Men are more likely than women to sustain a traumatic brain injury. Children age 0 to 4 and young people ages 15 to 19 are the two groups at highest risk for brain injury.
What physical symptoms are associated with traumatic brain injuries?
When a patient initially suffers head trauma, early symptoms could include:
- Nausea and vomiting
- Ringing in the ears
- Hypersensitivity to light, noise, touch, smell or taste
These symptoms may last for months or years. Some may never subside.
Brain injuries can also cause lasting physical and personality changes, including:
- Sensitivity to crowds
- Difficulty sleeping or oversleeping
- Changes to sex drive
People who have sustained brain injuries also may feel more sensitive to sensory stimuli and more likely to make impulsive or poor decisions. They are more likely to use drugs and alcohol or engage in inappropriate sexual activity, as some brain injuries can lower inhibitions. Patients may not even notice the changes, but close friends and family members can see a definite shift in personality.
Seizures can also plague some people with brain injuries. Typically, seizures cause loss of consciousness and muscle contractions. A medical professional can prescribe anticonvulsive drugs to help reduce the number of seizures. Sometimes surgery can slow seizure activity.
Who is legally responsible for a traumatic brain injury?
Anyone who failed to reasonably inform others of a hazard or who created a hazard that led to a traumatic brain injury may face liability. Likewise, anyone who causes a motor vehicle accident by failing to obey traffic laws or engaging in negligent behaviors like distracted driving or driving under the influence may bear responsibility for the resulting injuries.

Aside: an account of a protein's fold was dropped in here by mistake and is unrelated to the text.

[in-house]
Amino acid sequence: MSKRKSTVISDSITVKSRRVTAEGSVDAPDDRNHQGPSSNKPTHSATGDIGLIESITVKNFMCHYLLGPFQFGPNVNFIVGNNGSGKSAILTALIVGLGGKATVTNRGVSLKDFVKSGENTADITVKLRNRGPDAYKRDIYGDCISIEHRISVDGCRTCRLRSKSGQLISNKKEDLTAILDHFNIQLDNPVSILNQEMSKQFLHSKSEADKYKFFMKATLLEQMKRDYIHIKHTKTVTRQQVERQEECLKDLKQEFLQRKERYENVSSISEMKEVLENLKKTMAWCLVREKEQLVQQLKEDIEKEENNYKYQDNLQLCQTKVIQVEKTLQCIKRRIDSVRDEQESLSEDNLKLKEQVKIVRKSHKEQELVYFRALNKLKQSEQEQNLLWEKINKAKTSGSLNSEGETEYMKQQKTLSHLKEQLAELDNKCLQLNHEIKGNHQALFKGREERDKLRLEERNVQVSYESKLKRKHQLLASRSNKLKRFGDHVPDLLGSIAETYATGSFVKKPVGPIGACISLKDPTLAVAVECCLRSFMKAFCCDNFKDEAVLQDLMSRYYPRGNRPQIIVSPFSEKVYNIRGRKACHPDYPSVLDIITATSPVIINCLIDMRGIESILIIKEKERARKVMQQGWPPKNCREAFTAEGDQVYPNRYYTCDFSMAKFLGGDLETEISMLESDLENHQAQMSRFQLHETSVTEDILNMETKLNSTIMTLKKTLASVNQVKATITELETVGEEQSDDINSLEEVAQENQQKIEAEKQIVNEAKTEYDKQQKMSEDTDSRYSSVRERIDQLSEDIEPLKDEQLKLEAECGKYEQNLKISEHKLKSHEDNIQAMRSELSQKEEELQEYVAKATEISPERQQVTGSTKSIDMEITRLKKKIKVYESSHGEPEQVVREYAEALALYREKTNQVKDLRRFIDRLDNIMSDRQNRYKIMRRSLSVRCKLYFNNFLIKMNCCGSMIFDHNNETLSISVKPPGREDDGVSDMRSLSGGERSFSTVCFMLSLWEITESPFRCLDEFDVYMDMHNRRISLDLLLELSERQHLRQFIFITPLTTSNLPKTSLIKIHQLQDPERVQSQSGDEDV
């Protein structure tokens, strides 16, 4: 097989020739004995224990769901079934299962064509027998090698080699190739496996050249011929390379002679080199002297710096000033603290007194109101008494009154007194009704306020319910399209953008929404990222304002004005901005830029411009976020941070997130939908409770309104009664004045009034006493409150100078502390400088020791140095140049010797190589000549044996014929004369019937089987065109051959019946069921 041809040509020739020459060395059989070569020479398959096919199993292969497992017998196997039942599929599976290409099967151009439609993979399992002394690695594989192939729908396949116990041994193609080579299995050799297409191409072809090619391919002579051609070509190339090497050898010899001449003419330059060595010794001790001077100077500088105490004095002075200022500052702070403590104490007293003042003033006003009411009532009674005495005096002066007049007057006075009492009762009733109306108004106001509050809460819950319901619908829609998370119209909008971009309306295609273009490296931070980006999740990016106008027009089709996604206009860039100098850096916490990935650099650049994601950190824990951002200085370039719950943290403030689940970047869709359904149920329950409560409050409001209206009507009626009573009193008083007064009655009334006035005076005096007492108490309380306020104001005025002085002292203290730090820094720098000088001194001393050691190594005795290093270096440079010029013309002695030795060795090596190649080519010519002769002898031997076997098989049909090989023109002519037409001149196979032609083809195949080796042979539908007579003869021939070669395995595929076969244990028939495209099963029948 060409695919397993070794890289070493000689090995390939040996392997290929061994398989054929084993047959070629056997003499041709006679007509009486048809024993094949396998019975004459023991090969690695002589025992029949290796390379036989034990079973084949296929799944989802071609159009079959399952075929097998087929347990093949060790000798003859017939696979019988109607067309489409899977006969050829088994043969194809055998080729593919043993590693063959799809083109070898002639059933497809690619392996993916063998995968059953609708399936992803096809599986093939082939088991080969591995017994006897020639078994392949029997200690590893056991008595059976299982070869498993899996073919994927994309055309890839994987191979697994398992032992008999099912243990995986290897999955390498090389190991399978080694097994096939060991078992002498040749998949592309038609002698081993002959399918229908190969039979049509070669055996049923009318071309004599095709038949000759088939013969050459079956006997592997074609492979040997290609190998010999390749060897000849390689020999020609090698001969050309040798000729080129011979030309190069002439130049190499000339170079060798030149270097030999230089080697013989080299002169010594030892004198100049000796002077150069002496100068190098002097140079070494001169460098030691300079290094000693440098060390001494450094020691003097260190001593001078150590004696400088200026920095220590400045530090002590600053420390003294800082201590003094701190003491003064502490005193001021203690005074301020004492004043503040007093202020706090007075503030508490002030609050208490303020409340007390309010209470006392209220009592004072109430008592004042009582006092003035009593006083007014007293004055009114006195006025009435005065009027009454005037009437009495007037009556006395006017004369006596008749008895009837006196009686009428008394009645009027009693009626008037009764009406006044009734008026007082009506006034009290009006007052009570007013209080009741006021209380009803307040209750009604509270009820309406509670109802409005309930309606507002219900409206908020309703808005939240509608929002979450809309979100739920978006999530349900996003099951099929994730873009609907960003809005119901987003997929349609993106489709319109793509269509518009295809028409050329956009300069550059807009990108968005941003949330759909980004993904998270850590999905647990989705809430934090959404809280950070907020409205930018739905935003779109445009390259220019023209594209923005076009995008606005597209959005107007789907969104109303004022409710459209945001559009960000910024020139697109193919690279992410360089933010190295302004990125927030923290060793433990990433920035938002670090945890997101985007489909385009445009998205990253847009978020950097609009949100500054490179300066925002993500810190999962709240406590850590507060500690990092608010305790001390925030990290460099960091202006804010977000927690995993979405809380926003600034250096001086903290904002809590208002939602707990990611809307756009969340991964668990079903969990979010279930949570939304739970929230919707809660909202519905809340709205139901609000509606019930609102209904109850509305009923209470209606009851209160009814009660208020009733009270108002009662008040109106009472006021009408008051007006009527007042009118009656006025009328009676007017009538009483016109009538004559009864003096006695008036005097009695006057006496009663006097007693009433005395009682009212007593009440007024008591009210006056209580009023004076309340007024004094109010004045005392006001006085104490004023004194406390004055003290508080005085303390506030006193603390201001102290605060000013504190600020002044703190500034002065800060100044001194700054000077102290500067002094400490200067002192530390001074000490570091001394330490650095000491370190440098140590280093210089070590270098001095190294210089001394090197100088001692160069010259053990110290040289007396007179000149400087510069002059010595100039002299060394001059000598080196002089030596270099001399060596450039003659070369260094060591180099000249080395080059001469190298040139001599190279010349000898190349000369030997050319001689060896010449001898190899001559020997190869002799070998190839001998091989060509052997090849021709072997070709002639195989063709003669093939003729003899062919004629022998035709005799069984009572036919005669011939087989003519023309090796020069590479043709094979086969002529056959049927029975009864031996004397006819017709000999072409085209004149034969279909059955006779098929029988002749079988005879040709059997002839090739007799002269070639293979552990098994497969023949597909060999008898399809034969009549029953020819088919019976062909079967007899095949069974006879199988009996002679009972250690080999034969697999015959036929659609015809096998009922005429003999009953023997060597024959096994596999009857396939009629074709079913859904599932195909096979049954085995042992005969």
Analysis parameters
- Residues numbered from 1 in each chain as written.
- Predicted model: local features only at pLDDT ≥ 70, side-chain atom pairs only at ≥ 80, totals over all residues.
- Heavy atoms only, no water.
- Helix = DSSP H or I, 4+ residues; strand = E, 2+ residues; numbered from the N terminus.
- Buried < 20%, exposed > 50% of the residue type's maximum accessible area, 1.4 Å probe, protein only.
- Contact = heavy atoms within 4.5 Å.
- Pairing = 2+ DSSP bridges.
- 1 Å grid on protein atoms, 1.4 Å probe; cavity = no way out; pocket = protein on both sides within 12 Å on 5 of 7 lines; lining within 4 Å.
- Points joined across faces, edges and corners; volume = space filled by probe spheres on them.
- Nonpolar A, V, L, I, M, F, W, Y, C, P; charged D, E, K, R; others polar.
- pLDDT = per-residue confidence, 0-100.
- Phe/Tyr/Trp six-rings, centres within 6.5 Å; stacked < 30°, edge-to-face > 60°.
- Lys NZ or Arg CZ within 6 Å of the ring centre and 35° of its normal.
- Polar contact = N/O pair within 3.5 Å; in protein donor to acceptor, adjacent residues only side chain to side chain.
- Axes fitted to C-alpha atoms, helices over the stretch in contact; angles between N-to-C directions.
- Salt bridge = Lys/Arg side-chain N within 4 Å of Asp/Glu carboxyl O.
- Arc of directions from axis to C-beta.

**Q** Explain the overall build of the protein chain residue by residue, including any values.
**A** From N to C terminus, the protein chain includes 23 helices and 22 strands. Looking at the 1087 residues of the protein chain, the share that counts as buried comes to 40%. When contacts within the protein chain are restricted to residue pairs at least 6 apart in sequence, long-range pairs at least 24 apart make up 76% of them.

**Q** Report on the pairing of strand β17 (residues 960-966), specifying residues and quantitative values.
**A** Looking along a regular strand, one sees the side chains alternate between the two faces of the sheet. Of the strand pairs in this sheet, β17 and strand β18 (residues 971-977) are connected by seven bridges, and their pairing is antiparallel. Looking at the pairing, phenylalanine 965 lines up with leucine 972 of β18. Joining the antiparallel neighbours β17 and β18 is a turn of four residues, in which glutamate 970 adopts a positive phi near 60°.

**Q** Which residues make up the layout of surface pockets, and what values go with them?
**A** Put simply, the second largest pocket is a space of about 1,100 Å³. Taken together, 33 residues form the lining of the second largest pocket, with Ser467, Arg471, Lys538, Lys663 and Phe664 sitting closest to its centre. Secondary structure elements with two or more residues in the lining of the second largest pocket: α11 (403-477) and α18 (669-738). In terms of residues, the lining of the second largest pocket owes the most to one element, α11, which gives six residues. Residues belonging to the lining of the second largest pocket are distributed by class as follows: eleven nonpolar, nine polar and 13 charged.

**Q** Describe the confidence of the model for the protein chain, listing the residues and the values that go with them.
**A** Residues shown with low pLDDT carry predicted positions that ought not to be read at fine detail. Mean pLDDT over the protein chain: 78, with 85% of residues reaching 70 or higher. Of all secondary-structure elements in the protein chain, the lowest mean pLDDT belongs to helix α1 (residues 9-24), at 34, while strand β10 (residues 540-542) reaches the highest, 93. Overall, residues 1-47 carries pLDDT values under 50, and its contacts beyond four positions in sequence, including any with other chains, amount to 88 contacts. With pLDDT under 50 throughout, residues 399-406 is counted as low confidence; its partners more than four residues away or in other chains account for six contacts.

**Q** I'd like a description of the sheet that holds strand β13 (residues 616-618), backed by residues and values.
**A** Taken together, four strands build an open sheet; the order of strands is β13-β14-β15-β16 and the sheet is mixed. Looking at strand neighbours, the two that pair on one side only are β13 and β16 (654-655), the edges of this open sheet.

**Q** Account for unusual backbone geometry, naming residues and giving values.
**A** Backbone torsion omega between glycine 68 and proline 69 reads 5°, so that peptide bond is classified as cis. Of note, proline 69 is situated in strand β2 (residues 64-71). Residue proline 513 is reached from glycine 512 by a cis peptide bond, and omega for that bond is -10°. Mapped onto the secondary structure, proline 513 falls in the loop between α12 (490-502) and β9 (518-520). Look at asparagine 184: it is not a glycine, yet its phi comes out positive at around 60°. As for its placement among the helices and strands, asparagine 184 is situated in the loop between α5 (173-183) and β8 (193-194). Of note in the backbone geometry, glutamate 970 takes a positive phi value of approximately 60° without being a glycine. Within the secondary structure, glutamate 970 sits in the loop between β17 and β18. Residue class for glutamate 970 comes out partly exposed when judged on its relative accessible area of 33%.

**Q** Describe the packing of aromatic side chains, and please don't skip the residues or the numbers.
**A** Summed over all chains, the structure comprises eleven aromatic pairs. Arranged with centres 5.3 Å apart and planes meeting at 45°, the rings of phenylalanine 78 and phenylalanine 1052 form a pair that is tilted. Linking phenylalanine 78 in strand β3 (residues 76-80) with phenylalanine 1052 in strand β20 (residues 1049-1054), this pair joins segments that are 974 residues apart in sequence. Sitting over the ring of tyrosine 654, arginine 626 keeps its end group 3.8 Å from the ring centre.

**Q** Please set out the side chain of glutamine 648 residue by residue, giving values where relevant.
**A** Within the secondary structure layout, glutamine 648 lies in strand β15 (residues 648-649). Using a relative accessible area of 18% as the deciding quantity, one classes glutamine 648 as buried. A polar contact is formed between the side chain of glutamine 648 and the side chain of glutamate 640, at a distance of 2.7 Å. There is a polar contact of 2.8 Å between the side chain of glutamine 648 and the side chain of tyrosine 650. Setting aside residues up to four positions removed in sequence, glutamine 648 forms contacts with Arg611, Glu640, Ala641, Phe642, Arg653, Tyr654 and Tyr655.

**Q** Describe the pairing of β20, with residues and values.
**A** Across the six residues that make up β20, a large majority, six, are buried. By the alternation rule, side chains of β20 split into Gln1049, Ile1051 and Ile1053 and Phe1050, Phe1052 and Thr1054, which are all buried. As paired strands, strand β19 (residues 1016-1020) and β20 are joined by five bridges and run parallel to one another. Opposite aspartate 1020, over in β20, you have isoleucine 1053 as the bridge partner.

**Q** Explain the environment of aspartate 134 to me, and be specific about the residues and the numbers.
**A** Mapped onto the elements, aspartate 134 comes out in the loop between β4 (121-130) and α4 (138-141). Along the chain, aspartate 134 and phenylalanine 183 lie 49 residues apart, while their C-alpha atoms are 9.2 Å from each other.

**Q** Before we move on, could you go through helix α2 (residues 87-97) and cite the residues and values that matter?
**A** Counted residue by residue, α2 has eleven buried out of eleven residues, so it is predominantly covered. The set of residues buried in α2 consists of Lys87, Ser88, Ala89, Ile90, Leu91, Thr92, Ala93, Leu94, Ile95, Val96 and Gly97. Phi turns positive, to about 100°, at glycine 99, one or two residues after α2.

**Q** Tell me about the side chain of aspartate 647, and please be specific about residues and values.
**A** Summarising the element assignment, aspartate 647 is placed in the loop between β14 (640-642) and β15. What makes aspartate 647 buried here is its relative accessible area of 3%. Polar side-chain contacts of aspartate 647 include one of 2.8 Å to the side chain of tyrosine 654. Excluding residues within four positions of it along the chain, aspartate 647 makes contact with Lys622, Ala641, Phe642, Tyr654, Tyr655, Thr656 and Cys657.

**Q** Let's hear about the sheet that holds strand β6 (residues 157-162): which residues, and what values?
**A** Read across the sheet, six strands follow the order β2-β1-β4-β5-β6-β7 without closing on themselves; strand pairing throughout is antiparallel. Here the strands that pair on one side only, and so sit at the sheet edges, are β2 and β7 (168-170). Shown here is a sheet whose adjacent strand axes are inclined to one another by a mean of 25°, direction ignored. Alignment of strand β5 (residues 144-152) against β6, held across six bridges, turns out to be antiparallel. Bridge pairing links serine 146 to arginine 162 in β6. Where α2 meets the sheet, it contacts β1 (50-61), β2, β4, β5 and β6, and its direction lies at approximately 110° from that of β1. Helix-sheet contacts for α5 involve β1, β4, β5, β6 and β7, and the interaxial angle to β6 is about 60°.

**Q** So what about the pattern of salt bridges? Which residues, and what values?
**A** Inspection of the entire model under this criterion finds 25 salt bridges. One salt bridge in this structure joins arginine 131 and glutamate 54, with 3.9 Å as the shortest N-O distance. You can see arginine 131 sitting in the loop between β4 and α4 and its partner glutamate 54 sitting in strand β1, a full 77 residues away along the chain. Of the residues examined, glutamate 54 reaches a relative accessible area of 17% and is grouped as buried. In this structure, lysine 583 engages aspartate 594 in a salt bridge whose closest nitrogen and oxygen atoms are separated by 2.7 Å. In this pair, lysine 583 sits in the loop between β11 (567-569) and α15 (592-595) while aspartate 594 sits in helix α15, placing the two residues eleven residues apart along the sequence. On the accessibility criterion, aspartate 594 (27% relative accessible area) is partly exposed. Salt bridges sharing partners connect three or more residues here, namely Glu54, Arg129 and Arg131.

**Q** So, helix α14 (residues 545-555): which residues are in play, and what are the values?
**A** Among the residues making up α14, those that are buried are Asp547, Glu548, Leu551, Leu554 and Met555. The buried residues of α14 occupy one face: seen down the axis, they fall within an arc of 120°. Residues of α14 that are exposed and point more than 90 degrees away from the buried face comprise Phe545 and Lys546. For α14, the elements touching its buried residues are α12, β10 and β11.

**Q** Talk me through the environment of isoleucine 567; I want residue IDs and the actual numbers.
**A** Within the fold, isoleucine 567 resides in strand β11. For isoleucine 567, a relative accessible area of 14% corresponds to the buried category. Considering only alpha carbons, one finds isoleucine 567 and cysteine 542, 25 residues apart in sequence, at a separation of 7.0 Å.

Sometimes, poor design or product defects can cause a traumatic brain injury. Greene Broillet & Wheeler, LLP, has fought against vehicle manufacturers and tire makers when their products’ flaws caused or contributed to an accident.
What compensation can a person with a traumatic brain injury recover?
If you or your loved one was injured as a result of someone’s negligence, you could possibly recover the following damages:
- Medical expenses. Traumatic brain injuries are expensive to treat, and TBIs often require one or more surgeries to alleviate pressure in the skull. Ongoing therapies can add to the cost. As a result, medical bills can total millions of dollars during the patient’s lifetime.
- Physical pain and suffering. Ongoing physical problems, including demonstrable cognitive impairments that impair the patient’s ability to lead a normal life, can influence the amount of a settlement.